The greens are sculpted from the native dune sand from around the prope
In this short film — originally produced six years ago — Rockbottum CC predicted "The Reset", long before Klaus and his cronies went public with their version. In Part One of Skeletal Golf Theory 101, we took a hard look at the "business" of golf. We did not rely on data, just anecdotal analysis gathered over 50+ years in all facets of the industry.
As our economy reacts to the latest spending spree carried out by politicians, perhaps it's time to study SGT 101.
You just never know.
This week we received about six inches of rain, four inches of that coming within a few hours on Friday.
Monday started the week off being dry and windy. When using a moisture meter, the greens were reading 4-5% after the weekend. It would be scary if they were bentgrass greens, but since we have fescue, they have good tolerance to heat and lack of moisture at the top three inches but there is plenty of moisture below that.
With the dry and windy weather, the sand from the bunkers was
Our latest Rising Star of Turf is J. Richard Brown, newly minted golf course superintendent at Florence (SC) Country Club. Richard got the nod for the Florence job after ten years "apprenticeship" in the South Carolina golf market, starting with five years at various courses in Myrtle Beach before becoming the senior assistant at Orangeburg Country Club, where he remained for the ensuing five years.
Richard participated in one of our Assistant Situation roundtable conversations earlier this
Spring aerification is finished and I had Monday and Tuesday off , allowing me to explore New Zealand. Typically I would not have weekdays off, but I swapped a weekend. Our crew is split into three teams to work alternating weekends.
On Monday, I went north to the Waipoua Forest to visit the largest known living kauri (Agathis australis) tree, named Tāne Mahuta (Lord of the Forest). Standing about 150' high and with a girth of about 50', it is named for Tāne, the Māori god of forests and b
Some career superintendents make their marks by hosting major tournaments or pushing the agronomic envelope. Others quietly go about their business of growing great grass while also navigating the potholes and pitfalls that invariably spring up in private clubs over time. John Carlone, CGCS, has done that over 37 years as a golf course superintendent at two clubs in one of the toughest markets in the industry: Long Island, NY.
Fresh out of the University of Rhode Island (where he had a nota
Rockbottum Radio presents our annual Halloween broadcast, with not one, but three spooky golf stories.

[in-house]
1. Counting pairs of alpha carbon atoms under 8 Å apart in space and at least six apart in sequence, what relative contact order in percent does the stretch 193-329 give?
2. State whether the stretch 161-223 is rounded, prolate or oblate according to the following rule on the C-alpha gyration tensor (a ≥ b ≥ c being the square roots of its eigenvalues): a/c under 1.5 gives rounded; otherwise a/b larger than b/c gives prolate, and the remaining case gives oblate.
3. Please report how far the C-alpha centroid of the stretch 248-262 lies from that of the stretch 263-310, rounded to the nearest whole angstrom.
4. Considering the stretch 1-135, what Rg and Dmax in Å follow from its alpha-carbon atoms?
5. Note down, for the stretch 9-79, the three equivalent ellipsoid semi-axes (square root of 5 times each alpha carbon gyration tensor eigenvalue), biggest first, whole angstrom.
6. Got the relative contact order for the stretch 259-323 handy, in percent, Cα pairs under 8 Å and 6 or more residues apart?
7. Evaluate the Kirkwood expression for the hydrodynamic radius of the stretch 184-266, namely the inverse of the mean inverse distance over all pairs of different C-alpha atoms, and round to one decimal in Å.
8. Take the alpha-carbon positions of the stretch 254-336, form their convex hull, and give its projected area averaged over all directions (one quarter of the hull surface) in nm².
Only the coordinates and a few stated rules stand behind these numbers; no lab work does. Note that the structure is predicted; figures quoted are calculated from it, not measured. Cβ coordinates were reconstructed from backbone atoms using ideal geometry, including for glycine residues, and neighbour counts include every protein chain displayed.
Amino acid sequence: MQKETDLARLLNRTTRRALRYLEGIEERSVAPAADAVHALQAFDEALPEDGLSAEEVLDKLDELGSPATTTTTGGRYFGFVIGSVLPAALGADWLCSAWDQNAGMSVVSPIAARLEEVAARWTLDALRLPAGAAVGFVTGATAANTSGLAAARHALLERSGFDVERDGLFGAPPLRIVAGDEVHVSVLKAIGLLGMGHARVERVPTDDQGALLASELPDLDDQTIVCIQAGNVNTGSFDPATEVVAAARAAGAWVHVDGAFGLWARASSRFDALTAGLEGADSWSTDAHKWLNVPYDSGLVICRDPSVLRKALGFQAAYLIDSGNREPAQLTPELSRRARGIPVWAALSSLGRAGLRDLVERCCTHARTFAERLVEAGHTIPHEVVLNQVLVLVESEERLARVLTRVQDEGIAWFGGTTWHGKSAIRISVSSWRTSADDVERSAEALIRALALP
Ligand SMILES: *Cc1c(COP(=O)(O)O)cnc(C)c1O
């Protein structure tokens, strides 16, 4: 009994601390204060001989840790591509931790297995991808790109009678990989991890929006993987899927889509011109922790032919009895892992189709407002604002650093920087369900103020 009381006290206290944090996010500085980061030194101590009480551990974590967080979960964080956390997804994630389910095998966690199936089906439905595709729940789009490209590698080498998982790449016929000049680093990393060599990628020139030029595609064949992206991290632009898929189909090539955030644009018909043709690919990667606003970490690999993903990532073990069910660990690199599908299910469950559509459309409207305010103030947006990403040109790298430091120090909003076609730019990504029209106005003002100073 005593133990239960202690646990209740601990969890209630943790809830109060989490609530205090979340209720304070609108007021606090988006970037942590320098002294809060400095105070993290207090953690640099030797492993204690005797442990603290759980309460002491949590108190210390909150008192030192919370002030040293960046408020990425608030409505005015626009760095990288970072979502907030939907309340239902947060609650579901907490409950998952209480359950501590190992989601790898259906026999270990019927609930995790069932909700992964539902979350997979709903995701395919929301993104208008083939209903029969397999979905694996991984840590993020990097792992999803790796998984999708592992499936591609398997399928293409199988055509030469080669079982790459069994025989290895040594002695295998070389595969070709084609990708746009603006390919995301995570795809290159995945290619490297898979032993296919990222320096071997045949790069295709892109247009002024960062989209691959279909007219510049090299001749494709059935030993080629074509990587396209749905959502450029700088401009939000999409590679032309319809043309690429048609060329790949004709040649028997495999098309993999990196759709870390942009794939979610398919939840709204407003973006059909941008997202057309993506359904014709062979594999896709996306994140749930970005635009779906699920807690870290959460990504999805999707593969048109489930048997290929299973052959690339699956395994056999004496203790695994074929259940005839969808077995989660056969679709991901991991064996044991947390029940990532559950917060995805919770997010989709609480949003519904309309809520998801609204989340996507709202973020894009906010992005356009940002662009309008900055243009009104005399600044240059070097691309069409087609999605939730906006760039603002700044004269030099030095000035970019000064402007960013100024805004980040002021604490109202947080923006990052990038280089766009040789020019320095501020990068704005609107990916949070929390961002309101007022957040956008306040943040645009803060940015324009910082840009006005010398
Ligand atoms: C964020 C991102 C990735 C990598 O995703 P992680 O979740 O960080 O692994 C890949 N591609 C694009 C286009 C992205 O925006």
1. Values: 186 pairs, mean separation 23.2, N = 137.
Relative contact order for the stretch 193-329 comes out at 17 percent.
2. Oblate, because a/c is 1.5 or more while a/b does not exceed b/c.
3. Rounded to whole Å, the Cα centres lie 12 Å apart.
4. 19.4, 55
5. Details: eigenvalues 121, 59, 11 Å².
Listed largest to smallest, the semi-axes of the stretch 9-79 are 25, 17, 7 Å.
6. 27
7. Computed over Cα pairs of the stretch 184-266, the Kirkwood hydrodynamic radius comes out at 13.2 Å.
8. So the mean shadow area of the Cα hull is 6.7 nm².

These stories are full of scary messages and at least one real good golf course management tip, so send out the crew, close the office door and settle in for some golf trauma as only Rockbottum CC can share.
With it being only the second week here at Tara Iti many things were going on, including reshaping and seeding a private green and aerification throughout the course.
Me with assistant Hayden Stuthridge, assistant Dylan Griffin, and Hamish Harding.
Angela Moser, who works with Renaissance Golf, shaped the private green a while back. I did not see the green shaping, but I added some final touches: leveling out sand-blown areas and picking up rocks. With all debris cleaned
After finishing up my internship at Adare Manor in Ireland, I started my new adventure at Tara Iti Golf Club in Mangawhai, New Zealand a week ago. It still amazes me that I was in Ireland a week and a half ago, and now I'm now a half a world away in New Zealand. Since Adare Manor is a parkland course, Tara Iti is the first links course I have ever worked at. there are many new things for me that I will introduce through the upcoming blogs.
Tara Iti is the first links course I've
Sean Tully of the Meadow Club in Fairfax, California, has made a name for himself as a fan and ultimately an expert on classic-era golf course architecture, particularly Alister MacKenzie designs.
The Meadow Club, where Tully is director of grounds maintenance, is in fact the first course in North America designed by MacKenzie and one of several in Northern California. Tully's expertise in the field has resulted in many opportunities to speak at other golf courses in the region, often to e
Going on a week-long road trip is a great way to wind up my stay in Ireland. After finishing up my internship at Adare Manor last week, I spent this week traveling around the Wild Atlantic Way with my parents and brother.
I was able to get my parents an overnight stay at the Manor. We then made our way to Dick Mack's pub, where I got a photo with Finn MacDonnell, a cousin of Alan MacDonnell, the superintendent at Adare Manor Resort.
Before I left Adare
When the Visigoths, Ostrogoths, Huns, and Norsemen invaded, they typically came during the day. But the Golf Vandals are an entirely different bunch. A cowardly, mindless tribe, the Golf Vandals favor the cover of night. Agitated by their ever present hand-screens, they can quickly become hysterical when faced with reality.
You can use techno-wizardry to neutralize the GV, but remember: While they are easily frightened, they will return in greater numbers.
NOTE: The counter-measu